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Sleep is an integral part of life, but it’s often the first thing that gets the cut when time is short and stress is high. If you are feeling like there simply aren’t enough hours in the day to donate 7-9 hours to resting at night, then time management and prioritization is where you need to start. However, if you’re still having trouble drifting off in the evening after making the time, you need to take extra steps to ensure you always get good, restful sleep.

Good sleep starts with good sleep hygiene. With kids, parents often develop bedtime routines that help the little ones successfully to sleep. This might mean bedtime stories, dimming the lights, or tucking the kids into bed. Given that this typically goes on for several years, it’s a bit odd that adults think they can just shake the day off and fall asleep properly without a solid bedtime routine in place.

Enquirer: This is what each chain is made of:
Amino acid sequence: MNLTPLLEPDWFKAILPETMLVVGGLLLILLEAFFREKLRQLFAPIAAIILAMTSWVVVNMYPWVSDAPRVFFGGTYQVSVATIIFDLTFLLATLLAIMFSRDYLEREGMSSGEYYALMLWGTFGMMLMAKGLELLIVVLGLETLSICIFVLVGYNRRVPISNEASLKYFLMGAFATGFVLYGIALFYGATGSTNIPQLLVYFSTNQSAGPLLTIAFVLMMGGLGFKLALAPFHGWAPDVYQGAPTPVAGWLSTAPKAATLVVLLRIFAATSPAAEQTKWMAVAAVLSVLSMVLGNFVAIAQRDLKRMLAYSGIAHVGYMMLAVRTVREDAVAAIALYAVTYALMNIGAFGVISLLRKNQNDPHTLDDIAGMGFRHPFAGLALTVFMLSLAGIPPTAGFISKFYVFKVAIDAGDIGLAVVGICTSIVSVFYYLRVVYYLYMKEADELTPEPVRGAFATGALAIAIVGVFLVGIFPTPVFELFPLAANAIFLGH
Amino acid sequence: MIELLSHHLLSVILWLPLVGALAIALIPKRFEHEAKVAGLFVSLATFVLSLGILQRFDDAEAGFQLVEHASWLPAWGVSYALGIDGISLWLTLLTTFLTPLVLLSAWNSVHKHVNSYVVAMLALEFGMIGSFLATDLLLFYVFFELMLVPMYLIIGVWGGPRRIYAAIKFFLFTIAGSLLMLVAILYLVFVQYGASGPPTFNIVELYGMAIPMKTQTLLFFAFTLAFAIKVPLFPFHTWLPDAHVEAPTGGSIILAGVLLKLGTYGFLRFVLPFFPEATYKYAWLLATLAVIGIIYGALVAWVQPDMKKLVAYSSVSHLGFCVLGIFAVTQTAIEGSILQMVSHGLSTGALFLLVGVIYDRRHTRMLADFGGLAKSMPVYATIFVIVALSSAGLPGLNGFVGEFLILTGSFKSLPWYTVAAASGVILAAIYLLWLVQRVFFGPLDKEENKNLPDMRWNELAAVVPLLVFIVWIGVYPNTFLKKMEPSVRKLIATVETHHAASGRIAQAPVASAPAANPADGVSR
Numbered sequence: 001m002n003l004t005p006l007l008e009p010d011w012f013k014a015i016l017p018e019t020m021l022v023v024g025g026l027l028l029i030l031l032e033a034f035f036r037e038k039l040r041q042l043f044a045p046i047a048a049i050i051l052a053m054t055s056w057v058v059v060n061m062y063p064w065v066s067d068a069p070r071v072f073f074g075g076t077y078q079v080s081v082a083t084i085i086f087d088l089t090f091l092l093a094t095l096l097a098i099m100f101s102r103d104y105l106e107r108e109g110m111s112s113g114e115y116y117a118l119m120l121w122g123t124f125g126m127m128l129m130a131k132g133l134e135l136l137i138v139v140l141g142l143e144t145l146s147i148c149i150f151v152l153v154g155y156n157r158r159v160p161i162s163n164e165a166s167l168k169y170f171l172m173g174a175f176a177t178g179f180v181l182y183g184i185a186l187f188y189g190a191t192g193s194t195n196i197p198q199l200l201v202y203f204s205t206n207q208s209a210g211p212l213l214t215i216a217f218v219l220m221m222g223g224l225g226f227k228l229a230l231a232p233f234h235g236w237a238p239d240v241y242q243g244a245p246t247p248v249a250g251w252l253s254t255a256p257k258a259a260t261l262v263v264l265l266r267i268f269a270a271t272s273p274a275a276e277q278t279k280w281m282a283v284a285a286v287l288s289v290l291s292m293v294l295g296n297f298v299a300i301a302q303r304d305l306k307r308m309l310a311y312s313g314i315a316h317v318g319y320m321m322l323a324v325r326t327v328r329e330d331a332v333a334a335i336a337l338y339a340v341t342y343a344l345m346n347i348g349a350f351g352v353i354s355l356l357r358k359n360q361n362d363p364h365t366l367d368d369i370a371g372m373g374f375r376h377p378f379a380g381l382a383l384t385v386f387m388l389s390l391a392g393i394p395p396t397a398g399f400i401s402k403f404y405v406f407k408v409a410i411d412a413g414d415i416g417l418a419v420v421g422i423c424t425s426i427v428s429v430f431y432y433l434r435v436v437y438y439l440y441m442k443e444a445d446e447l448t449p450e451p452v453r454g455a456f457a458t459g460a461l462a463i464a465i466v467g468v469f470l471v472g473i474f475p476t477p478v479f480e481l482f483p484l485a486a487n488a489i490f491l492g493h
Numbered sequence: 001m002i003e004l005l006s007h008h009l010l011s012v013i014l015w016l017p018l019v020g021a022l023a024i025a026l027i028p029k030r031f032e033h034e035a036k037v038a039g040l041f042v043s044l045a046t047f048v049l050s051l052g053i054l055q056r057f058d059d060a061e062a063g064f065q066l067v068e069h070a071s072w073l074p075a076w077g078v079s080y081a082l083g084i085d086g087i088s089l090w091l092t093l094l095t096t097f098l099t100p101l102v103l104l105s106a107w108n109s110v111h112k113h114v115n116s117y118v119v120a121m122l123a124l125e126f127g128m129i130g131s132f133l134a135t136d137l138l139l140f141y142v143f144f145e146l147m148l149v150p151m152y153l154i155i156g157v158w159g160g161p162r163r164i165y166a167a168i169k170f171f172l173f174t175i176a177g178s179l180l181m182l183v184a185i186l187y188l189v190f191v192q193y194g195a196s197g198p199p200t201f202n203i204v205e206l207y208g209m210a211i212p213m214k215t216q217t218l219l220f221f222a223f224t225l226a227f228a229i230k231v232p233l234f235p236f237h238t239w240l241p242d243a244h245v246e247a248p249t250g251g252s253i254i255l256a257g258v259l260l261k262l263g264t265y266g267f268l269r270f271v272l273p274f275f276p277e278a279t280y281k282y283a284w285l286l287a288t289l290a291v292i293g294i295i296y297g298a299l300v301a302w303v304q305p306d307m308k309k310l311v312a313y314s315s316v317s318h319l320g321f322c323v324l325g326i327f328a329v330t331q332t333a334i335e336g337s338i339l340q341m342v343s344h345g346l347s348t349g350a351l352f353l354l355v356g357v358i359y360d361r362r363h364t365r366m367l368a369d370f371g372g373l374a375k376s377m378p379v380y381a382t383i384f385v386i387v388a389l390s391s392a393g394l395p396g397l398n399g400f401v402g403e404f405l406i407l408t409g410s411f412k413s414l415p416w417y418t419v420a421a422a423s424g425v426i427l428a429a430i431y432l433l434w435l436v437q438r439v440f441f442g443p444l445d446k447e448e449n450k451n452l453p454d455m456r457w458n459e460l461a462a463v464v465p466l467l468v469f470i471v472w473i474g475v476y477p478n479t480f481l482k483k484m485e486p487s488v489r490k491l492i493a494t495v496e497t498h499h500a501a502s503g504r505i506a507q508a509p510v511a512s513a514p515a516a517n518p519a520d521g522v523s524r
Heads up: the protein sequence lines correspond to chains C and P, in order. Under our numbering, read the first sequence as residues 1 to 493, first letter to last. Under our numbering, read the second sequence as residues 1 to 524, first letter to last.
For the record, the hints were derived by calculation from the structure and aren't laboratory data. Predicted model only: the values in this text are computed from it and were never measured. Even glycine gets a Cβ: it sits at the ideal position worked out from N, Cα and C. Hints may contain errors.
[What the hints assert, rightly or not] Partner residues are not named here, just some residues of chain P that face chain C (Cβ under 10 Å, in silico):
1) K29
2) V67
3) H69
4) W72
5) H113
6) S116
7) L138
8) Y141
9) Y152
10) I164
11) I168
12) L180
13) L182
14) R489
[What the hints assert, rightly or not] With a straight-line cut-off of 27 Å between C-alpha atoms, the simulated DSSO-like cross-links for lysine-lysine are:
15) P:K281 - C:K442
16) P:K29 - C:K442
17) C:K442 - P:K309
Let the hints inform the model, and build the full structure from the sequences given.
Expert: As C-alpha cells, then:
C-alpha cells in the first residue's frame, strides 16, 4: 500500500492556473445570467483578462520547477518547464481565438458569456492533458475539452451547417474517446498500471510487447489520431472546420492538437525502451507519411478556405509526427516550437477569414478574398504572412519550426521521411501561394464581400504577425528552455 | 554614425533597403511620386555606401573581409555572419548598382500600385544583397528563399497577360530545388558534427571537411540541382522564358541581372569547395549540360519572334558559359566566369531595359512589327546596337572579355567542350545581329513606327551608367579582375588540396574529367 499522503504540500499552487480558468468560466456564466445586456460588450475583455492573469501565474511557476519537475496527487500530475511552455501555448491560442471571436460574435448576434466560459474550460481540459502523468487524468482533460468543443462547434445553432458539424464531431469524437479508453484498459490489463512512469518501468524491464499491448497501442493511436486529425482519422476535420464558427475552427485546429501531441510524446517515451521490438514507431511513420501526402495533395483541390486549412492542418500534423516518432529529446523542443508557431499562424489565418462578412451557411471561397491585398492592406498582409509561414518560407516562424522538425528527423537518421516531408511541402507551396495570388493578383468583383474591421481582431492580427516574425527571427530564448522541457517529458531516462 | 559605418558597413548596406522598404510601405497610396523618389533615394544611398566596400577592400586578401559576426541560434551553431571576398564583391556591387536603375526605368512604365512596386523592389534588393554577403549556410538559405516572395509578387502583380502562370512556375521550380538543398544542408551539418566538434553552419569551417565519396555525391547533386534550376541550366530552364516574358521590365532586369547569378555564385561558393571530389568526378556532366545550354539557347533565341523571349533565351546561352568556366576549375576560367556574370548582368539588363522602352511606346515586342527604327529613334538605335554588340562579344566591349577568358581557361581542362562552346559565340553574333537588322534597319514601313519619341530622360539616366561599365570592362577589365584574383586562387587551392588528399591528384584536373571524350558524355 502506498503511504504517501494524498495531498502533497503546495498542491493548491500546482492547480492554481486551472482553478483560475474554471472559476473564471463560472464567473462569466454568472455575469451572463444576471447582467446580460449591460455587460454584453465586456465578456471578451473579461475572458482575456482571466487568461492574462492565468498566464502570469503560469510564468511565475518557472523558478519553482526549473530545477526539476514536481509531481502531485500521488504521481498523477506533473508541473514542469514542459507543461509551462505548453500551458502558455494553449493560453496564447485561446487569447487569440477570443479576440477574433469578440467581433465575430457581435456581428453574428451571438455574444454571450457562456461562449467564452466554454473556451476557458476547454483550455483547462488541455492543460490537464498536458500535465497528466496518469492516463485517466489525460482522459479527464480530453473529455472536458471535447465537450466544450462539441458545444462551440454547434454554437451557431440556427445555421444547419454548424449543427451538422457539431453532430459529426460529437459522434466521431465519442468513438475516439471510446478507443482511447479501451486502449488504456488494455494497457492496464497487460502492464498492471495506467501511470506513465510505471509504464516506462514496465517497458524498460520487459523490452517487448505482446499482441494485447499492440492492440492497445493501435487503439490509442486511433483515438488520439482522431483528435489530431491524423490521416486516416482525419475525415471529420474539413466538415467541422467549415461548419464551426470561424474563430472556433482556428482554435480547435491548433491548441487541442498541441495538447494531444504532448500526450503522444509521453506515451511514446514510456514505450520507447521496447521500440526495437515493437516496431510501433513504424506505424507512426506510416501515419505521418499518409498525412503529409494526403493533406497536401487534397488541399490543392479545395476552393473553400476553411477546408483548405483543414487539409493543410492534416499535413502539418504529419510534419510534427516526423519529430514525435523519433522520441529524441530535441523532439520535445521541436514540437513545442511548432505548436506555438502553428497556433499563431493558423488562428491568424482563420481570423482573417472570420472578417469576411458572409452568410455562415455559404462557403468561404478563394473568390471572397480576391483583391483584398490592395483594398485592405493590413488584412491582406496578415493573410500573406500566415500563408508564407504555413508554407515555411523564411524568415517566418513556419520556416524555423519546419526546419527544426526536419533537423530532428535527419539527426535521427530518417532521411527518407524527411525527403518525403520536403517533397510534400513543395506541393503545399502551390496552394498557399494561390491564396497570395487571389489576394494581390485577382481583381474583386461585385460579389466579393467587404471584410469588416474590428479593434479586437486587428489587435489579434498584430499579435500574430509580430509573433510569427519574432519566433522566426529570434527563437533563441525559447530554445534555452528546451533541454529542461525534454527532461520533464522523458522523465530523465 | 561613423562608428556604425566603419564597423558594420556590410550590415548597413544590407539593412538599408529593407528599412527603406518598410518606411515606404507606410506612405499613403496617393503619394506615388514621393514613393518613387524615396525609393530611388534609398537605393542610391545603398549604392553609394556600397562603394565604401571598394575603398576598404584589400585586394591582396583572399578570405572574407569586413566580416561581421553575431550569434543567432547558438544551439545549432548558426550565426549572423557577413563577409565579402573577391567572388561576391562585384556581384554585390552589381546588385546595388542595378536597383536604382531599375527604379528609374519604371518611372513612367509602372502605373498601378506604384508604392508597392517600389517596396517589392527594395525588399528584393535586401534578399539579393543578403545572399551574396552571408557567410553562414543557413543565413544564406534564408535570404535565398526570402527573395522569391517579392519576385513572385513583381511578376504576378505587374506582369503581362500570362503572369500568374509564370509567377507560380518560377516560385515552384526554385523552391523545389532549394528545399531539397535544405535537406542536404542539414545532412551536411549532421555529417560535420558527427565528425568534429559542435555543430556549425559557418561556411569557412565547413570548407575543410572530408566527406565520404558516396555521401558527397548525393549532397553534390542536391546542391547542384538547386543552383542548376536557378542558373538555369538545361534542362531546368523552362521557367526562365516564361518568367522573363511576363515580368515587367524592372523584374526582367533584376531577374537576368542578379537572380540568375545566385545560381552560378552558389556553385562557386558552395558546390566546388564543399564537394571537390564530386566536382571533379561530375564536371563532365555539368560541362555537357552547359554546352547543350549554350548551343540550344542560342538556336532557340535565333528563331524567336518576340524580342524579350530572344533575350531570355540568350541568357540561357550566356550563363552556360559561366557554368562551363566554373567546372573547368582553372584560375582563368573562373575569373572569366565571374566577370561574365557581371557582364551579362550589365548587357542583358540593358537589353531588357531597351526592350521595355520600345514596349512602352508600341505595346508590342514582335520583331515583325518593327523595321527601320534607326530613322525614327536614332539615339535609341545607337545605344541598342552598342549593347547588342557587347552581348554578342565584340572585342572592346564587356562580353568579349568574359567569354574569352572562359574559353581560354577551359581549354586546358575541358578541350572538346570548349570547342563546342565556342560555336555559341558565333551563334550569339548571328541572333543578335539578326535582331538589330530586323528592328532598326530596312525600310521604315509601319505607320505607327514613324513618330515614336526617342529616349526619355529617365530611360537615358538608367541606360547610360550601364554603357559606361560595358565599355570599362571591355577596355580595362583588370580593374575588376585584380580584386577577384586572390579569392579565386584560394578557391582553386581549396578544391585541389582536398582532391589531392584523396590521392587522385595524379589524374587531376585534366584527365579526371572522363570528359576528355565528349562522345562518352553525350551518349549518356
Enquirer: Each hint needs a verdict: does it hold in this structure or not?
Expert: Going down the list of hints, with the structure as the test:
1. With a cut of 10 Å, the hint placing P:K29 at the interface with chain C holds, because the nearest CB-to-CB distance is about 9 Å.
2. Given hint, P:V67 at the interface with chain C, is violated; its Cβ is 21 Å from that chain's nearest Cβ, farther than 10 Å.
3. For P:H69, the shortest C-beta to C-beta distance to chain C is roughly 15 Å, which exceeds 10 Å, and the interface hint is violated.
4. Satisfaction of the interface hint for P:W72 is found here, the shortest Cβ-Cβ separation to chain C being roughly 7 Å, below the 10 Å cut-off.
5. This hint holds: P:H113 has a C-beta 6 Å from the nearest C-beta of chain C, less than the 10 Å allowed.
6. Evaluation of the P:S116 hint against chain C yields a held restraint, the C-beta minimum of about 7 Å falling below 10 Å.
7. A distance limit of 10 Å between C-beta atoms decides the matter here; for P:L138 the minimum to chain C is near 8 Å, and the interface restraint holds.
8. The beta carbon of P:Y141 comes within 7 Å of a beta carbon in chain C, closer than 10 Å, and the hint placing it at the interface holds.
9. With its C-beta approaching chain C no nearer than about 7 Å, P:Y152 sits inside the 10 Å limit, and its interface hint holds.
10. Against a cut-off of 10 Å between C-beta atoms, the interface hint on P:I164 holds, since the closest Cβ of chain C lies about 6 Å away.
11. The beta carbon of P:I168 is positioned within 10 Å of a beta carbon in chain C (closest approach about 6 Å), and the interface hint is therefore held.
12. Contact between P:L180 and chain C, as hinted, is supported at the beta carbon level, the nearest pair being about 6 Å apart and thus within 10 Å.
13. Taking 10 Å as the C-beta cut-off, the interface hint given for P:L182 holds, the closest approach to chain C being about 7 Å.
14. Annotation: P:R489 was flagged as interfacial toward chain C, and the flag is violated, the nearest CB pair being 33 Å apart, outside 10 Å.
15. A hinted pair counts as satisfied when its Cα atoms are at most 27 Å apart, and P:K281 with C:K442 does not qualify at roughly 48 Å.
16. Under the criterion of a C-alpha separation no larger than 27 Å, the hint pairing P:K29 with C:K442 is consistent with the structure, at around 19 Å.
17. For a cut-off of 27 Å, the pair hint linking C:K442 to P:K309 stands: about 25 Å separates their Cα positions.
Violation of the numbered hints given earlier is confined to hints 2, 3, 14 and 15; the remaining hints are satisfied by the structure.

The first step to regaining your sleep health is to ensure that you achieve a restful state. That means reintroducing the sleep routine in your life. Taking at least one hour before bedtime to relax, read a book, put down the electronics, and start getting settled in bed.

But things don’t have to stop there.

You can take steps (or bites) throughout the day to ensure that your upcoming snoozefest will be productive. Your diet plays a central role in your most aspects of general health, and when it comes to your ability to sleep, what you eat is no less important.

So here at Spire we’ve put together a list of the best foods that contain substances sure to bring you rest. During the day, consider incorporating these sleep-inducing foods into your meals and snacks.

1. Walnuts: Walnuts are known for being great additions to banana bread or for noshing, but they are also a great food to help you sleep. This is because they contain melatonin, a hormone which helps regulate and induce sleep. They are also a good source of tryptophan, a sleep-enhancing amino acid that helps your body make its own melatonin.